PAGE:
Preston T. Niland

Company C 1st Battalion 22nd Infantry

4th Infantry Division

KIA 06/07/1944



Preston T. Niland was born in New York in 1915. He was drafted into the Army on March 31, 1941
at Buffalo, New York. His home of residence was listed as Erie County, New York and his civilian
occupation was listed as Clerks, General Office. He had completed two years of college at the
University of Buffalo and he was single with no dependents. His religion was listed as Catholic.

After serving in the Army as an enlisted man he graduated from Officer Candidate School and
became an officer. He was commissioned an officer somewhere between December 1, 1942
and January 16, 1943. ²

The date of his assignment to the 22nd Infantry is unknown. He was with the Regiment at least by 1943
as he was awarded the Good Conduct Medal in General Orders No. 5 Headquarters 22nd Infantry
on June 8, 1943 at Fort Dix, New Jersey. At the time of the award his rank was 2nd Lieutenant.

Second Lieutenant Niland was killed in action in Normandy, France, during 1st Battalion's attack against
the German coastal batteries at Crisbecq on June 7, 1944.


In 1944, four brothers from the Niland family of Tonawanda, New York, were all serving in the Army overseas.
The family received a telegram stating that one of the brothers was shot down over Burma, and was missing in action,
which at the time usually meant "presumed dead". Within a month, the family received telegrams
that two other brothers were also missing in action.

This story (with a great deal of alteration) was the basis for the Hollywood movie "Saving Private Ryan".

Ultimately, two of the brothers were found to have been Killed In Action in Normandy, and the brother shot down
over Burma was carried as missing until May 1945 when he was found to be alive, having been a
prisoner of war of the Japanese since being shot down.


Portraits of the four Niland brothers in uniform.
In the front is Edward. Back row, left to right:
Frederick, Robert, and Preston.
Note Preston is wearing the insignia of the 4th Infantry Division
on his left shoulder sleeve.

Photo from the website




The four Niland brothers.

Graphic from the Faces Beyond the Graves website


Technical Sergeant Edward Niland (1912–1984),U.S. Army Air Forces. Imprisoned in a Japanese POW camp in Burma,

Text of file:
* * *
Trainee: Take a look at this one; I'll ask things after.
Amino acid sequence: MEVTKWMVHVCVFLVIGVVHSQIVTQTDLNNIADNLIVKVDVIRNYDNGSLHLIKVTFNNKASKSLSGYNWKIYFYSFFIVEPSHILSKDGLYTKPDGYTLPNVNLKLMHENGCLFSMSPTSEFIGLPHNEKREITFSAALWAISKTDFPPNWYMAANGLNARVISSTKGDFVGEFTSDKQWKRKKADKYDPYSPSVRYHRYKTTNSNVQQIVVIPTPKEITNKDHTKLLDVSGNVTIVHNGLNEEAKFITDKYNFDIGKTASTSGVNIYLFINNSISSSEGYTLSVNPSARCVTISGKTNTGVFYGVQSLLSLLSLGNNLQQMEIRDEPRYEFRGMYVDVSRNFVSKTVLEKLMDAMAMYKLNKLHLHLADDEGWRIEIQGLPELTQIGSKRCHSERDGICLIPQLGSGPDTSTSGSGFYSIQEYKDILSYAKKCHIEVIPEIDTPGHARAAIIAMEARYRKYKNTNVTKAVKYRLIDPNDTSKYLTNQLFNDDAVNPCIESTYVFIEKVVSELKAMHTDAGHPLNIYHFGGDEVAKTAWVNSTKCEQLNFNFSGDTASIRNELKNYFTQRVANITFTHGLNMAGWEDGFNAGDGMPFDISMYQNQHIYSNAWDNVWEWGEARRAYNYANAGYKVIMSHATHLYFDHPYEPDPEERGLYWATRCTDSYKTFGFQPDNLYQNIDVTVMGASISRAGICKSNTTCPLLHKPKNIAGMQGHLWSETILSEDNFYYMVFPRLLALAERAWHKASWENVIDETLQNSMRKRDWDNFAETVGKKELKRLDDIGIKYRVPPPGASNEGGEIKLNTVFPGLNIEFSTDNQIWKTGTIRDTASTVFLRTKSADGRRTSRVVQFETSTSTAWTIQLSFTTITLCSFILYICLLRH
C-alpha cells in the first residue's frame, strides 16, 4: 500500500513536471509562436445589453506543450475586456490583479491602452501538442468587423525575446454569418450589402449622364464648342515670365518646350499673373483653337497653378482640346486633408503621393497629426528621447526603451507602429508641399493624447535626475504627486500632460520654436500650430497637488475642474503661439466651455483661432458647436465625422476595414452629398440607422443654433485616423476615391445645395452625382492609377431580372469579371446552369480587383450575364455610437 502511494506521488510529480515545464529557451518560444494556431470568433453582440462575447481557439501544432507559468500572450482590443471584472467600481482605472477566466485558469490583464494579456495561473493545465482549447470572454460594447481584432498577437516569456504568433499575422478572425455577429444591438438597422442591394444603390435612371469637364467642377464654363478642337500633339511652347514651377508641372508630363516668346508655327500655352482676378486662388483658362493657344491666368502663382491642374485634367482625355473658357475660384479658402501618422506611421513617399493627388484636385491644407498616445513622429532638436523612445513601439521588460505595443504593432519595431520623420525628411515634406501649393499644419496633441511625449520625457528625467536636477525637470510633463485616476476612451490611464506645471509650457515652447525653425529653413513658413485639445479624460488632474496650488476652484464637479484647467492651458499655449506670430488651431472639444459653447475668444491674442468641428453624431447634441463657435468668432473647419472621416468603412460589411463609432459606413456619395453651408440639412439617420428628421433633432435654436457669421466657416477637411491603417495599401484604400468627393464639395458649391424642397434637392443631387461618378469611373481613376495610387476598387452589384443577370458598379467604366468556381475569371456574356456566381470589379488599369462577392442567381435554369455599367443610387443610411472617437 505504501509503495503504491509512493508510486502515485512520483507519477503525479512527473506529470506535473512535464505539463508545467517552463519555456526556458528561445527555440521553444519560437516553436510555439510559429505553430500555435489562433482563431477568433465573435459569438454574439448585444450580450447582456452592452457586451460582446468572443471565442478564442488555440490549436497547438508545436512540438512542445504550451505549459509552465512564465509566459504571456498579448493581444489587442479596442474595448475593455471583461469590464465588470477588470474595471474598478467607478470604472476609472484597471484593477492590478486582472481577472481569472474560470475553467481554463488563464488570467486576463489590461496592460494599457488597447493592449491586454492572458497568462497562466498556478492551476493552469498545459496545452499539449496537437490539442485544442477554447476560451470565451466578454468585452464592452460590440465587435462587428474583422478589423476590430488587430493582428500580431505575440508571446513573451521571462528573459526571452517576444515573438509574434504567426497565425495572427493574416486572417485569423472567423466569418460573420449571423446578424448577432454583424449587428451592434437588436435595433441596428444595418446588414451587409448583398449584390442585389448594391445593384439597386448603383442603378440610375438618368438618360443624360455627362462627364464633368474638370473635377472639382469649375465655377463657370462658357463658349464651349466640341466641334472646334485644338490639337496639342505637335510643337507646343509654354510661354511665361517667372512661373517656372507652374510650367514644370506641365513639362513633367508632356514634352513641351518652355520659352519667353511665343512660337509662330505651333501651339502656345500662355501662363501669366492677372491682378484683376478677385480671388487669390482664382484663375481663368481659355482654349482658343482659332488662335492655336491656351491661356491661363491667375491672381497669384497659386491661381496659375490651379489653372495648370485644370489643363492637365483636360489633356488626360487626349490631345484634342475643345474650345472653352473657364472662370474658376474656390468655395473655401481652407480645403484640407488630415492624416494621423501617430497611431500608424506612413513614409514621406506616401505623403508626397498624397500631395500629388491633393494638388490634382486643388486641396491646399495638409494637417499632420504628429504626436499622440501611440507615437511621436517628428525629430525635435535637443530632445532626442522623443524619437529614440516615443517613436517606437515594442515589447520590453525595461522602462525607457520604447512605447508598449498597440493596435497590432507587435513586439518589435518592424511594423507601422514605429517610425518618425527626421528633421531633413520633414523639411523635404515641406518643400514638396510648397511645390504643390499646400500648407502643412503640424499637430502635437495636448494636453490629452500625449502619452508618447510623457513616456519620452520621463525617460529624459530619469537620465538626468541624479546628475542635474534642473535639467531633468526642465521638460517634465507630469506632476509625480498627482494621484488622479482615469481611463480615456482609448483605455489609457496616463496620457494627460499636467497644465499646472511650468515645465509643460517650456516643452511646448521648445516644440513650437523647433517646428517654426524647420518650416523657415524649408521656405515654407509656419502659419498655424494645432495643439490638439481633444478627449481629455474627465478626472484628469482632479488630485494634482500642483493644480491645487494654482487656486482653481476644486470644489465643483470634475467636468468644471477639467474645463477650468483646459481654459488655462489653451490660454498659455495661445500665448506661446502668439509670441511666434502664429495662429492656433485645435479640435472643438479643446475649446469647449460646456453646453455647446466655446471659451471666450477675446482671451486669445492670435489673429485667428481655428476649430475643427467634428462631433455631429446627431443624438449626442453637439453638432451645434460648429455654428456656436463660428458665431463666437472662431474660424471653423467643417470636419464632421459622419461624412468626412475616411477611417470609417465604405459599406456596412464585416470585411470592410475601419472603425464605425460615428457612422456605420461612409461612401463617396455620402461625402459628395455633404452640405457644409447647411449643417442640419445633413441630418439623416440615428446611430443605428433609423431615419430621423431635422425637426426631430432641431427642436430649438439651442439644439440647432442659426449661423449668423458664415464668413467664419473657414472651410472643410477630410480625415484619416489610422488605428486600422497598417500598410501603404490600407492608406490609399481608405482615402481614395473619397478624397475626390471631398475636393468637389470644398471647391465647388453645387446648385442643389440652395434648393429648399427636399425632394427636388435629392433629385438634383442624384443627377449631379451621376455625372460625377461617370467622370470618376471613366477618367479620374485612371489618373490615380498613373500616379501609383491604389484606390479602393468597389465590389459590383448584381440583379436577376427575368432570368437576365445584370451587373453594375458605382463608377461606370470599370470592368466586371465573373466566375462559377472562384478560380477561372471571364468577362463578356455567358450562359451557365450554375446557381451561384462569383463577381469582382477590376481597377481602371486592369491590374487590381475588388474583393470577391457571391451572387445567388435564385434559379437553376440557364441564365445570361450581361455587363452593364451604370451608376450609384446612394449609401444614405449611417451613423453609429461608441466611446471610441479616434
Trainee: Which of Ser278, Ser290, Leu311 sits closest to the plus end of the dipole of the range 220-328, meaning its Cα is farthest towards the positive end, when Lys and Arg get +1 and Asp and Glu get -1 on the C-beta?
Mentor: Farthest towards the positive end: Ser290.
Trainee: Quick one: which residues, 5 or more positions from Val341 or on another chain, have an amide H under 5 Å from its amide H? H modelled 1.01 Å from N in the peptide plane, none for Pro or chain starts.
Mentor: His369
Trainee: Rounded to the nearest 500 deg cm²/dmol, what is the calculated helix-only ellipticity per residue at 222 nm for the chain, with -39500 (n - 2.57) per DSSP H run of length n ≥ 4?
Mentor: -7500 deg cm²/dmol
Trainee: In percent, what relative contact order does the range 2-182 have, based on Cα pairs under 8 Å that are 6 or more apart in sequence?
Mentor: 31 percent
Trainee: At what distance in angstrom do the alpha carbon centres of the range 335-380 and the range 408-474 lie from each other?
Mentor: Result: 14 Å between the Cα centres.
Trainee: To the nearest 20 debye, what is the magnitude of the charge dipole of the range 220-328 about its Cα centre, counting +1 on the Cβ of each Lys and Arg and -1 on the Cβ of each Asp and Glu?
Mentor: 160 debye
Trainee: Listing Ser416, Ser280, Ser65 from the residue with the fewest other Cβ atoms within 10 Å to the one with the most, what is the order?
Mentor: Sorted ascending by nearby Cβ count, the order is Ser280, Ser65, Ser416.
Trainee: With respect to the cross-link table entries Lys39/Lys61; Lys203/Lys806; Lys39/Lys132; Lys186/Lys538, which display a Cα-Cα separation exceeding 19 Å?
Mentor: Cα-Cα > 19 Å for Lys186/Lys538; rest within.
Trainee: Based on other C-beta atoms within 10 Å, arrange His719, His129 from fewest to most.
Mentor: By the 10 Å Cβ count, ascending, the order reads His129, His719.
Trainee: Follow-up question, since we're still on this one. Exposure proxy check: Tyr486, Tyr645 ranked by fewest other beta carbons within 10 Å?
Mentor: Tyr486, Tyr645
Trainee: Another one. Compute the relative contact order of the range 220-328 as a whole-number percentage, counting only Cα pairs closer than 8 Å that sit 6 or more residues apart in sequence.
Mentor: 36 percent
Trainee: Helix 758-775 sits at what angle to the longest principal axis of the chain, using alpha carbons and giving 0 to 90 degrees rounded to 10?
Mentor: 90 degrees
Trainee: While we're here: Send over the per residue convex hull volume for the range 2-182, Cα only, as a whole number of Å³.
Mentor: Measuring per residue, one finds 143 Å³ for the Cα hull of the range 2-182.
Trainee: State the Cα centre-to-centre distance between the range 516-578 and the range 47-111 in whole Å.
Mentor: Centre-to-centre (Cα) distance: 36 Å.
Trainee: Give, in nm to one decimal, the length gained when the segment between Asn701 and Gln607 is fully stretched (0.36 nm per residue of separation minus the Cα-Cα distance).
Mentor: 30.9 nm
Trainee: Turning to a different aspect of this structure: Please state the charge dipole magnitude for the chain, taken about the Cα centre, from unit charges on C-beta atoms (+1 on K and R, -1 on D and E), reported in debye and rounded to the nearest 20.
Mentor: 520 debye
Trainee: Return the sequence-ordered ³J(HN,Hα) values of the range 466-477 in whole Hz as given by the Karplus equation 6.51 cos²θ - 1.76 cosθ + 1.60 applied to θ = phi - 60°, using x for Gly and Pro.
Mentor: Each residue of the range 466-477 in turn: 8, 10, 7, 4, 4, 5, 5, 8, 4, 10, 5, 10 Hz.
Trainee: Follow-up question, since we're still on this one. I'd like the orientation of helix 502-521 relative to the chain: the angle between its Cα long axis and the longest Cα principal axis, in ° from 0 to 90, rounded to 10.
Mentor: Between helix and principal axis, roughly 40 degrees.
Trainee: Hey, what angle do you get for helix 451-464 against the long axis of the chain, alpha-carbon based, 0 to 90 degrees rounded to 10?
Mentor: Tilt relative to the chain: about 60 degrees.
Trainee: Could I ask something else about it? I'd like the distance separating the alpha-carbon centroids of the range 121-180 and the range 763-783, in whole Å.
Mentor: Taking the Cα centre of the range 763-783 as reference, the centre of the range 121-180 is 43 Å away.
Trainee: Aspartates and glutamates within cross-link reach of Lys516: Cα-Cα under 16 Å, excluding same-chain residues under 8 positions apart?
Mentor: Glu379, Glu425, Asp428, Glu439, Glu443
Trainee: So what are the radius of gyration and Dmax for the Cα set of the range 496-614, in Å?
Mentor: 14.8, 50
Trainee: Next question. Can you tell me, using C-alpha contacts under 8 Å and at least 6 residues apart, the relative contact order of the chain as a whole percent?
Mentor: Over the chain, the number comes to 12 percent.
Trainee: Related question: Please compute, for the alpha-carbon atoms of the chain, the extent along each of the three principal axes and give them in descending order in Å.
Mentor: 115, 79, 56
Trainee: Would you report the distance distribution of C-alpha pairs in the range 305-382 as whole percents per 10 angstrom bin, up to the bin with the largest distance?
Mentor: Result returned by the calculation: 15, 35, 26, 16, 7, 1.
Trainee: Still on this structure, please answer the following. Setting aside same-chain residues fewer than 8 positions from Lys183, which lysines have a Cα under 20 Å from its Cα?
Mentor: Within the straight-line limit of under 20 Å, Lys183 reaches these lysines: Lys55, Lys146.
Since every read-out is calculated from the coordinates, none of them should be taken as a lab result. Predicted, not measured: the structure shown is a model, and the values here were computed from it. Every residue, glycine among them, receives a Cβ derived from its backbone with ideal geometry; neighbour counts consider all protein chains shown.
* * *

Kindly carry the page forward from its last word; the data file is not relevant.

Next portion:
captured on May 16, 1944; liberated on May 4, 1945. Edward had parachuted from his B-25 Mitchell and wandered the jungles
of Burma before being captured. He was held as a prisoner for a year before being liberated in May 1945.

Preston Niland (1915–1944), was a 2nd Lieutenant and Platoon Leader in Company C 1st Battalion, 22nd Infantry, 4th Infantry Division.
He was Killed In Action during heavy fighting at the Crisbecq Battery, just north of Utah Beach, Normandy, France.

Technical Sergeant Robert "Bob" Niland (1919–1944), Company D, 505th Parachute Infantry Regiment, 82nd Airborne Division.
He was Killed In Action on June 6, 1944 in Normandy. He volunteered to stay behind with two other men and hold off a German advance
while his company retreated from Neuville-au-Plain. He was killed while manning his machine gun; the other two men survived.

Sergeant Frederick "Fritz" Niland (1920–1983), Company H, 501st Parachute Infantry Regiment, 101st Airborne Division.
Fritz was close friends with Warren Muck and Donald Malarkey, from Company E, 506th Parachute Infantry Regiment,
101st Airborne Division ("Easy Company"), who were both featured prominently in the HBO miniseries Band of Brothers.
Fritz fought with the 501st through the first few days of the Normandy campaign. Several days following D-Day, Fritz had gone
to the 82nd Airborne Division to see his brother, Bob. Once he arrived at division, he was informed that Bob had been killed
on D-Day. Fritz was shipped back to England, and, finally, to the U.S. where he served as an MP in New York
until the completion of the war. ¹


Newspaper clipping from the Buffalo Evening News, Saturday, July 8, 1944








Newspaper article
announcing the death of Preston Niland




Preston T. Niland's decorations



Preston T. Niland was buried in the temporary U.S. Military Cemetery,
Blosville Cemetery at Carentan, France in Block D Row 8 Grave 146 and was moved to the permanent
cemetery at Colleville-sur-Mer, most likely in 1948 when the temporary cemeteries were shut down.

Normandy American Cemetery and Memorial
Departement du Calvados
Basse-Normandie, France
Plot F Row 15 Grave 12




Grave marker for Preston T. Niland

Photo by Jeff Kregel
from the Find A Grave website






The two Niland brothers are buried side by side in the cemetery at Colleville-sur-Mer.
Preston is front, left, and Robert is front, right.

Photo by the Espino Family from the Flickr website













Edward Niland's son, Pete, tells the story of the Niland brothers at the following webpage:

USA Patriotism



¹ From the Wikipedia website

² From Robert S. Rush Author of: Hell in Hürtgen Forest: Ordeal and Triumph of an American Infantry Regiment; GI: The US Infantryman in World War II;
US Infantryman of WW2 (1) Pacific Theater of Operations 1942-1945; US Infantryman of WW2 (2) Mediterranean Theater of Operations 1943-1945;
US Infantryman of WW2 (3) European Theater o Operations 1943-1945; The NCO Guide
, 6-9th Editions; 6th Edition translated into Chinese









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